By Samantha Pidde
Herald Staff Writer
Clinton County residents hosting underage drinking parties will soon find themselves facing criminal charges.
The new social host ordinance was approved during the Feb. 4 Clinton County Board of Supervisors meeting and will be in effect once it is published in the media. It will be officially published in the Clinton Herald on Monday.
Once in effect, anyone knowingly allowing underage individuals to possess or consume alcoholic beverages on the premises of his or her property could be charged with a simple misdemeanor. They would be subject to a fine between $65 and $650 and ordered to serve up to 30 days if convicted.
“Teenagers make bad decisions sometimes when they drink alcohol,” said Clinton County Deputy Sgt. Steve Cundiff, who helped draft the ordinance.
Cundiff hopes that this ordinance will deter drinking by teenagers. He pointed out that the county has seen deaths of teenagers due to alcohol and he feels it is important to change the thinking that underage drinking is acceptable.
“We don’t want to go out there and pick kids off of the pavement,” Cundiff said. The Clinton County ordinance was modeled after the Linn County social ordinance, with a few changes. The ordinance was drafted by the Clinton County Strategic Prevention Framework State Incentive Grant Collaborative Group, with assistance from Clinton County Attorney Mike Wolf.
In working on the ordinance, Wolf said he spoke to the Iowa Attorney General’s Office about the possibility of having a statewide social host law. He said he was told that while the topic has been considered, at this point it is left for each county to make its own ordinance. Wolf added that if enough Iowa counties work on these ordinances, it would be easier to make it state law.
Wolf was unsure on how many of the 99 counties in Iowa have social host ordinances, but did not feel there are many. According to the Helping Services for Northeast Iowa website, http://www.helpingservices.org/Community_Initiatives/social-hosting-laws.shtml, 15 counties and 12 cities have passed social host ordinances, not including Clinton County.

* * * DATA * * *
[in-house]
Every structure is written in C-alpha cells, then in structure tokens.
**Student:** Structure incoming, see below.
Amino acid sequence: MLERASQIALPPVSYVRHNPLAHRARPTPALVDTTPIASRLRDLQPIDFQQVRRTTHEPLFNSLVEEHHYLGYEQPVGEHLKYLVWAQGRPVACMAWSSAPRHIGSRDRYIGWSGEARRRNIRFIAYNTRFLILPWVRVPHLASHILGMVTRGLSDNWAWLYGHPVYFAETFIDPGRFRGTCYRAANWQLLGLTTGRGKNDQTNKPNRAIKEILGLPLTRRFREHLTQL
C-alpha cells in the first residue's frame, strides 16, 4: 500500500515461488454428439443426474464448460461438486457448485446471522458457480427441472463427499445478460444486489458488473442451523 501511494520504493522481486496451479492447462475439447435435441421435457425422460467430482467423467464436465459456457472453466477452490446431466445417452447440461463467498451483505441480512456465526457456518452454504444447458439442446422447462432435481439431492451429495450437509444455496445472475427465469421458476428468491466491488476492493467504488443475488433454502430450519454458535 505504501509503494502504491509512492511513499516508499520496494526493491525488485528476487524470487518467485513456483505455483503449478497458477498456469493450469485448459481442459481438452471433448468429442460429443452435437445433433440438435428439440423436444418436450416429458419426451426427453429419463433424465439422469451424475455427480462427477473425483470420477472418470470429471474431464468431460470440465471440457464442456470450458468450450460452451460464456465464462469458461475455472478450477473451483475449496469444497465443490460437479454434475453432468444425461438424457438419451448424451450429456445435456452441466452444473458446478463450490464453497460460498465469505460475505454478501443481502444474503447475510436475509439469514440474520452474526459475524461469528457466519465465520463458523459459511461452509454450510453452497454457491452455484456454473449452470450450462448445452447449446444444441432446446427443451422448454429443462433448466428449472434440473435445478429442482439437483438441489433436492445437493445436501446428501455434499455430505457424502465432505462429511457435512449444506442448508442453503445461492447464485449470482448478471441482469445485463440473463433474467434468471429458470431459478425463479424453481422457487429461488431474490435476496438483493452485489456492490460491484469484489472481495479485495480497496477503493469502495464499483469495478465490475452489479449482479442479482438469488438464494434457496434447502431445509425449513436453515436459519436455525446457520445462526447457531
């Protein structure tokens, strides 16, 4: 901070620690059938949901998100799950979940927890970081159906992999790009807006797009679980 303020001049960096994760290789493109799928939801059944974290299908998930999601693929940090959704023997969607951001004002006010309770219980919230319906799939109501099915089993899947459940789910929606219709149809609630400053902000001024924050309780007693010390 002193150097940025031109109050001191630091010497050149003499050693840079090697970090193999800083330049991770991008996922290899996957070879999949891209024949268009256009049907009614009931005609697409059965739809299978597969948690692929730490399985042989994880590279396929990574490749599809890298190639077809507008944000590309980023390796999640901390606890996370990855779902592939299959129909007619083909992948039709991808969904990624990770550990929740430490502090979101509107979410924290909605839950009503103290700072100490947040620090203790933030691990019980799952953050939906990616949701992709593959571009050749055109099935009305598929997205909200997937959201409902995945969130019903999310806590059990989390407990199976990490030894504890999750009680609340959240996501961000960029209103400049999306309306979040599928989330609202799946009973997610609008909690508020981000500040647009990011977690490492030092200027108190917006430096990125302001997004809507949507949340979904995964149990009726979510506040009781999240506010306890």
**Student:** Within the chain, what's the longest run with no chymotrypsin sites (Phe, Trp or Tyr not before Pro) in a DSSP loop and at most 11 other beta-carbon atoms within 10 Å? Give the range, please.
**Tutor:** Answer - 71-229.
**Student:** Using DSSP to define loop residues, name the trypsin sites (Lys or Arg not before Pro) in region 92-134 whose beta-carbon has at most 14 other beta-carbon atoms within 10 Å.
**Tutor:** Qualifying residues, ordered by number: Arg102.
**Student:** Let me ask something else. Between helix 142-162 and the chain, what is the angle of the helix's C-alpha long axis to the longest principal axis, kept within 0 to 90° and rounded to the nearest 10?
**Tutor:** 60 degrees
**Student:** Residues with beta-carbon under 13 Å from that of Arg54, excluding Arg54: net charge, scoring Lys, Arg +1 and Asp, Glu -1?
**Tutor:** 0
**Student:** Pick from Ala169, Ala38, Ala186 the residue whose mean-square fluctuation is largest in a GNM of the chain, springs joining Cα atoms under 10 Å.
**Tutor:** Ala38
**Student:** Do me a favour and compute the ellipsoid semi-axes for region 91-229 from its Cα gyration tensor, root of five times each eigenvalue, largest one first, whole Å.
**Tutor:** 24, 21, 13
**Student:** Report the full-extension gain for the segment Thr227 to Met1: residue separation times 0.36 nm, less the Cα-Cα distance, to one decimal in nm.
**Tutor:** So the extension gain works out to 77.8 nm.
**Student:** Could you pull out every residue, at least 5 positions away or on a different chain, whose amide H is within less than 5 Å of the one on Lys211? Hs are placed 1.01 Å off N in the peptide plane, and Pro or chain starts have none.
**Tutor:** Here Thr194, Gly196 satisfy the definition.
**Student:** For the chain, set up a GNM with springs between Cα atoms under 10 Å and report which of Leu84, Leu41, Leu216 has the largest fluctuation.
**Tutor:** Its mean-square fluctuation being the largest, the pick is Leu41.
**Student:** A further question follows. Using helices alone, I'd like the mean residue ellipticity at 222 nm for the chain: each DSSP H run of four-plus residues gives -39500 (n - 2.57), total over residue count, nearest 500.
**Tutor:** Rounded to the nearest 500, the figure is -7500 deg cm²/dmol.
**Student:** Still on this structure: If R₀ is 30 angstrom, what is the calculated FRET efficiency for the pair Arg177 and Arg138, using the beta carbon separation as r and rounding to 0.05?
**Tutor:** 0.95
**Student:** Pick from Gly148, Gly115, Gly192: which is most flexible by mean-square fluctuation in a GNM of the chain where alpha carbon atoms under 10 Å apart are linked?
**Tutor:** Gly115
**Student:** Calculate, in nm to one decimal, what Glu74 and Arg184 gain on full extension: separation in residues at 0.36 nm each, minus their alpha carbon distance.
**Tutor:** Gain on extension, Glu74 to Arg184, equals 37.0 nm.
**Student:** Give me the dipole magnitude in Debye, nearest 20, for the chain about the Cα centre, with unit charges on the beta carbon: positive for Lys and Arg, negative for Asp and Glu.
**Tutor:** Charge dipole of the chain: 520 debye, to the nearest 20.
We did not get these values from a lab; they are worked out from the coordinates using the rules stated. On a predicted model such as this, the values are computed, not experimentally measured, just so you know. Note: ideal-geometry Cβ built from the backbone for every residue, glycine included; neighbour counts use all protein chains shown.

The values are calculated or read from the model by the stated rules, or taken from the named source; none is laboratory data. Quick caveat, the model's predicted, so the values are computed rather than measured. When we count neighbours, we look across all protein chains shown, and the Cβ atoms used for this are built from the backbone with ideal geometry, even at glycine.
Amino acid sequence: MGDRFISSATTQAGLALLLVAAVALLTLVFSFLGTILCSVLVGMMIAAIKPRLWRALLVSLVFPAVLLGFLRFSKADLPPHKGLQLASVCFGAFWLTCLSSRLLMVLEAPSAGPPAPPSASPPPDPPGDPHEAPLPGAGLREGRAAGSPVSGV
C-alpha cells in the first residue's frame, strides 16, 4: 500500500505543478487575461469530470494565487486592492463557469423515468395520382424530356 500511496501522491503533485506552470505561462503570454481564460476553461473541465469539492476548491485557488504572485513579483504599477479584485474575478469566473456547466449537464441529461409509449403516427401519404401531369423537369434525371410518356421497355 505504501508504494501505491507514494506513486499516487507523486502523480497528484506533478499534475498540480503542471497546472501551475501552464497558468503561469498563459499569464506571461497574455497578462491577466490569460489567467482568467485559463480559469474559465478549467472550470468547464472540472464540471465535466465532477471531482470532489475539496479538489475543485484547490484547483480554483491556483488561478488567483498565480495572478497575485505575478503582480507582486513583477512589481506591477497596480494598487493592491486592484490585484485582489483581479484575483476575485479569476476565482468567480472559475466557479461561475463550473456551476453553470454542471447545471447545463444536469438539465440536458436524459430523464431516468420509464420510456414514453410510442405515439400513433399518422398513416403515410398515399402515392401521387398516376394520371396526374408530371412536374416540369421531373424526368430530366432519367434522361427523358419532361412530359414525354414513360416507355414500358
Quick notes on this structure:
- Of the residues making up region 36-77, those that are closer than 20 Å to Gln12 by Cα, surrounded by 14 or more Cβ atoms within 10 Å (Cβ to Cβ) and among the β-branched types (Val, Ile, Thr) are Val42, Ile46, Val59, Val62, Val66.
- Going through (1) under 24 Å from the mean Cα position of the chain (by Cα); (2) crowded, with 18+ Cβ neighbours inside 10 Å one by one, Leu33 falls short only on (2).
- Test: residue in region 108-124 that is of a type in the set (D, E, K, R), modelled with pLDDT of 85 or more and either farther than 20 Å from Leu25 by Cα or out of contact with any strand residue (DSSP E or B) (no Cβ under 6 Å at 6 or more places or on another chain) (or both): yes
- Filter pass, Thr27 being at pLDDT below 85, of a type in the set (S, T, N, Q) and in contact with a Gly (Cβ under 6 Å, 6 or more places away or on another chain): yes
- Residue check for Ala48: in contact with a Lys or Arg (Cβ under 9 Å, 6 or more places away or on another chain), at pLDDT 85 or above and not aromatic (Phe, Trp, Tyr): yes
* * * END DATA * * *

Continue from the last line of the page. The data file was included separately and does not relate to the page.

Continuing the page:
“We’re in a minority for sure,” Wolf said.
Wolf said the biggest change from the Linn County ordinance is that the Clinton County ordinance does not apply to only those above 21 years old. Teenagers who hold a party when their parents are out of town and unaware could be charged under the new ordinance.
Under the Linn County ordinance, hosting a social gathering with underage drinking is a civil penalty. Wolf said he decided to change it to a simple misdemeanor for the Clinton County ordinance. His decision was based on the fact that county law enforcement already have these criminal forms and know how to fill them out.
“Having it as a criminal penalty, it will be easier to enforce,” Wolf said.
According to the new ordinance, a social host is defined as any “person, partnership, corporation or association of one or more individuals who aids, entertains, organizes, supervises, controls or permits an event, gathering or party.” A social host who willingly allows underage drinking on the premises can be charged even if he or she is not present.
A host who takes reasonable steps to prevent the possession or consumption of alcohol by underage individuals has an affirmative defense. The host also has a defense if he or she notified law enforcement and allowed them to enter the premises to stop the illegal activities. The ordinance makes the exception of actions legally protected by religious observances and actions permitted under Section 123.47(2)of Iowa Code, which includes cases where liquor, wine or beer is given in a private home with the knowledge, presence and consent of a parent or guardian or when it is administered by either a physician or dentist for medicinal purposes.
Wolf is unsure if the county will see many charges coming from this ordinance. He said its main purpose is to divert responsibility to those who encourage teenagers to drink.
He hopes having this ordinance will make people think twice before hosting parties with underage consumption of alcohol.
“The point isn’t to get a lot of charges. The point is to send that message,” Wolf said. “This isn’t the right time and the right place for you (to drink).”